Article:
call asyncMethod1();
    after call ask if a Pause was triggered
    Persist the stack of async machines
    Recover from persistance
    And resume execution.

    I am still exploring the approach. What do you think of it?
    I can share the code if you like

    1. @Mauricio That’s interesting about an IL-weaver.

      There’s a new feature (hopefully coming to C#7) which might let you do weaving around awaits purely within the language, without the need for an external IL weaver.

      Here’s the feature:

      Here’s an example of using it to weave around awaits:

  7. Hi Lucian,

    I just found your Checkpoint class. It’s amazing and is exactly what I was looking for. There a currently 3 Todo in your source:

    // TODO:
    // (3) Support Task.WhenAll/Task.WhenAny. This will involve digging down into tasks, and will
    // only work in a single-threaded execution context.
    // (4) Support ConfigureAwait(). Needs a bit more state stored in the AsyncMethodState class.
    // (6) VB support in reflection

    Are you going to implement this? Especially (3) and (4) are important for us.
    Do you think such a functionallity is planed for a future .NET release, too?

    Best regards

  8. Hubix2000 says:


    I found a small issue in your source. OnCompletedRunner is never called for Disposition.Completed.
    So the file can’t be deleted at the end. I’m currently looking for a fix.


  9. Hubix2000 says:

    If I change this in ReconstructStateMachine a async method can return void as well.
    Just replace

    task.GetType().GetMethod(“GetAwaiter”).Invoke(task, new object[] { });

    with the following code:

    object taskAwaiter;

    var mi_awaiter = task.GetType().GetMethod(“GetAwaiter”);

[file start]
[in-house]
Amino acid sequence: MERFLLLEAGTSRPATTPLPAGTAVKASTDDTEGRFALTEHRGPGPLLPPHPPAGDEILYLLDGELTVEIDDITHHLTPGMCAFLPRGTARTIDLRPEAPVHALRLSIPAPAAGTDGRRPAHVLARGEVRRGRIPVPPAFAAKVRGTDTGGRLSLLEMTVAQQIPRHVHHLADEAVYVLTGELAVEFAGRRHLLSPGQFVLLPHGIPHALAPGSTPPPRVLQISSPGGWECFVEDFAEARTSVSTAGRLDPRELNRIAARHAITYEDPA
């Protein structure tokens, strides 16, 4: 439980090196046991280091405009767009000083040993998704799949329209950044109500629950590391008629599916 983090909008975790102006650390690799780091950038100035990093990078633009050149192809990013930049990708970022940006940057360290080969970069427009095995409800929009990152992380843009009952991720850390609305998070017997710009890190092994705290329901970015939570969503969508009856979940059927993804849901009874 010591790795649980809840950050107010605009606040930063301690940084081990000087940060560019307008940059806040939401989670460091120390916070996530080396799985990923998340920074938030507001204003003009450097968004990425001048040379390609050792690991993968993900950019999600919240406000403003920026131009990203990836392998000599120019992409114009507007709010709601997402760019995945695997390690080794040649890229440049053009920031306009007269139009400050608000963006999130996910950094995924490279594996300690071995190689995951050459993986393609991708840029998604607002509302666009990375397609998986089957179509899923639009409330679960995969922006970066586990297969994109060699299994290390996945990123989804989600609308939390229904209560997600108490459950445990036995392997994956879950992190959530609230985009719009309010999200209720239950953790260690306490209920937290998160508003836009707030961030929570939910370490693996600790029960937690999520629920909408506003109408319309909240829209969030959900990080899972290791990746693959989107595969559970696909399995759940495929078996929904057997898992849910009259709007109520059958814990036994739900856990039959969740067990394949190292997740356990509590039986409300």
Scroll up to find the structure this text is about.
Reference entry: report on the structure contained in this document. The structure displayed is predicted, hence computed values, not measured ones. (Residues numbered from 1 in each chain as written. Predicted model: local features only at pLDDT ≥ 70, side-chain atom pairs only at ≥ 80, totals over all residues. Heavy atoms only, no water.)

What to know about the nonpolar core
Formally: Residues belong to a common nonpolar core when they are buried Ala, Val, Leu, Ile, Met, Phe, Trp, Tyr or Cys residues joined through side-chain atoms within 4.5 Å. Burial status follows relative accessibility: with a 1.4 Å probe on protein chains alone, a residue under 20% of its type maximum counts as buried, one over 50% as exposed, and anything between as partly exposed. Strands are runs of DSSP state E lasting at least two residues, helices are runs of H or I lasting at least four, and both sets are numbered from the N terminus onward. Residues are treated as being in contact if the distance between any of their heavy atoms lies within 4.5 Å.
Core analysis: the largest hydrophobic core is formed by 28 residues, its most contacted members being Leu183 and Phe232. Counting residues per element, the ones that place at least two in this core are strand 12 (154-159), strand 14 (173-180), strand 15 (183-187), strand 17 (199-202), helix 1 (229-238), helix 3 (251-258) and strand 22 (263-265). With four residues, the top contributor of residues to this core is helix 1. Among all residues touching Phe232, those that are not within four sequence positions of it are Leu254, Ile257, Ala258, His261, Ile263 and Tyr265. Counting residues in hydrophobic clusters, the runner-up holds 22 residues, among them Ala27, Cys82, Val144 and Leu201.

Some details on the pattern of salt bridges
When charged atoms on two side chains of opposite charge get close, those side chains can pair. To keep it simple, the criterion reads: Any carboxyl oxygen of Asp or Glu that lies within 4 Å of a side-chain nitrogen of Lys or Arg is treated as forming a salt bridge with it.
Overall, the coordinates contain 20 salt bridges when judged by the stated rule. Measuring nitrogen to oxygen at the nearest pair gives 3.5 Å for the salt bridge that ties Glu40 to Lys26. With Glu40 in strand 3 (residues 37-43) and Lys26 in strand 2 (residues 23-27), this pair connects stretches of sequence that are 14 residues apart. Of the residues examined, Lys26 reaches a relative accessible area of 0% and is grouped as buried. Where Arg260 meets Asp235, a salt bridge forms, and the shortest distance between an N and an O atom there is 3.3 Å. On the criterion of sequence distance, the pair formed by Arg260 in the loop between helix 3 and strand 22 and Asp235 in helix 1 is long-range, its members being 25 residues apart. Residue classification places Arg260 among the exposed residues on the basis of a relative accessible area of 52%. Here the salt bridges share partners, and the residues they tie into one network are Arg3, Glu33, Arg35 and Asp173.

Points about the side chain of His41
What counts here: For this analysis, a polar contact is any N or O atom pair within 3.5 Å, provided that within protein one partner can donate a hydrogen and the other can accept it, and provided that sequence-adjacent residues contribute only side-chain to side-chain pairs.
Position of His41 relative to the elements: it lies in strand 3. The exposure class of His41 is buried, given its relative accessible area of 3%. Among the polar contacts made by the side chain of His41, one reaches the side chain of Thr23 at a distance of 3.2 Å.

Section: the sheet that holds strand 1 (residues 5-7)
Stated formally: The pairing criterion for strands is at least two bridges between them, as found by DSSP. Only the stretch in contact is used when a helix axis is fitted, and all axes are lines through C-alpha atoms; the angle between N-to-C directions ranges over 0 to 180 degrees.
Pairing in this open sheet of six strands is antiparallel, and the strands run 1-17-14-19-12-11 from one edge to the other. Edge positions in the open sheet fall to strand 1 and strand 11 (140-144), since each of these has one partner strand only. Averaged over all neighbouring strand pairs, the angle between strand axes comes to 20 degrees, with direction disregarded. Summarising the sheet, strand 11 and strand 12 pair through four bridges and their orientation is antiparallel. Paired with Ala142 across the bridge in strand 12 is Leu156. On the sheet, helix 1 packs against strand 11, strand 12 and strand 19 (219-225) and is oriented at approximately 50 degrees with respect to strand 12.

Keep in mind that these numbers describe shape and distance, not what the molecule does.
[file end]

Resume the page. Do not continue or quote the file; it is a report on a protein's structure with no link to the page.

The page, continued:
if (mi_awaiter.DeclaringType.IsGenericType && mi_awaiter.DeclaringType.GenericTypeArguments[0] == Type.GetType(“System.Threading.Tasks.VoidTaskResult”))
    taskAwaiter = Activator.CreateInstance(Type.GetType(“System.Runtime.CompilerServices.TaskAwaiter”),
    BindingFlags.NonPublic | BindingFlags.Instance, null, new object[] { (Task)task }, null);
    taskAwaiter = mi_awaiter.Invoke(task, new object[] { });

    Best regards.

    1. Hubix2000 says:

      Much simpler is

      // task = sm.Builder.Task
      var task = (Task)Expression.Lambda<Func>(Expression.Property(Expression.Field(Expression.Constant(sm), builderField), builderField.FieldType.GetProperty(“Task”)))

      return new ReadStateMachineResult
      StateMachine = sm,
      Task = task,
      AwaiterForAwaitingThisStateMachine = task.GetAwaiter(),
      LeafActionToStartWork = awaited.LeafActionToStartWork,
      LeafCheckpointSaveAwaiter = awaited.LeafCheckpointSaveAwaiter

      This works as well. The trick is to cast the result of Expression.Lambda to (Task). Then just call task.GetAwaiter(). 😉

  10. If someone is interested in the hibernate of mothod.
    I invite you to another solution – the virtual machine (which executes instruction by instruction and all the virtual machine state can be at “any” time serialized (hibernating))

    This solution allow you to write composable workflows with recursion

  11. Mason Wheeler says:

    Just ran across this. I’ve got another real-world use case for you:

    Imagine a game engine with scripts. Some scripts run immediately, while others can take some measurable amount of time to run. Some might even take several minutes, or run in an infinite loop for as long as you’re in a particular level.

    At some point, you want to be able to save the game, and then resume where you left off. This requires serializing the state of long-running scripts.

    If your script engine is sufficiently simplistic, you can simply save the current script and line number, but as soon as you start having call stacks and local variables, you need something a lot like this: Make game scripts and all APIs that take a measurable amount of time async, and then use this solution to serialize in-progress scripts and reload them.

  12. Aaron Stainback says:

    I want to write code from the perspective of the cluster, not the perspective of the individual instance. This is almost there except the flow should be handled in a framework of sleeping when a network I/O call happens and resuming on a different node when the I/O call is complete.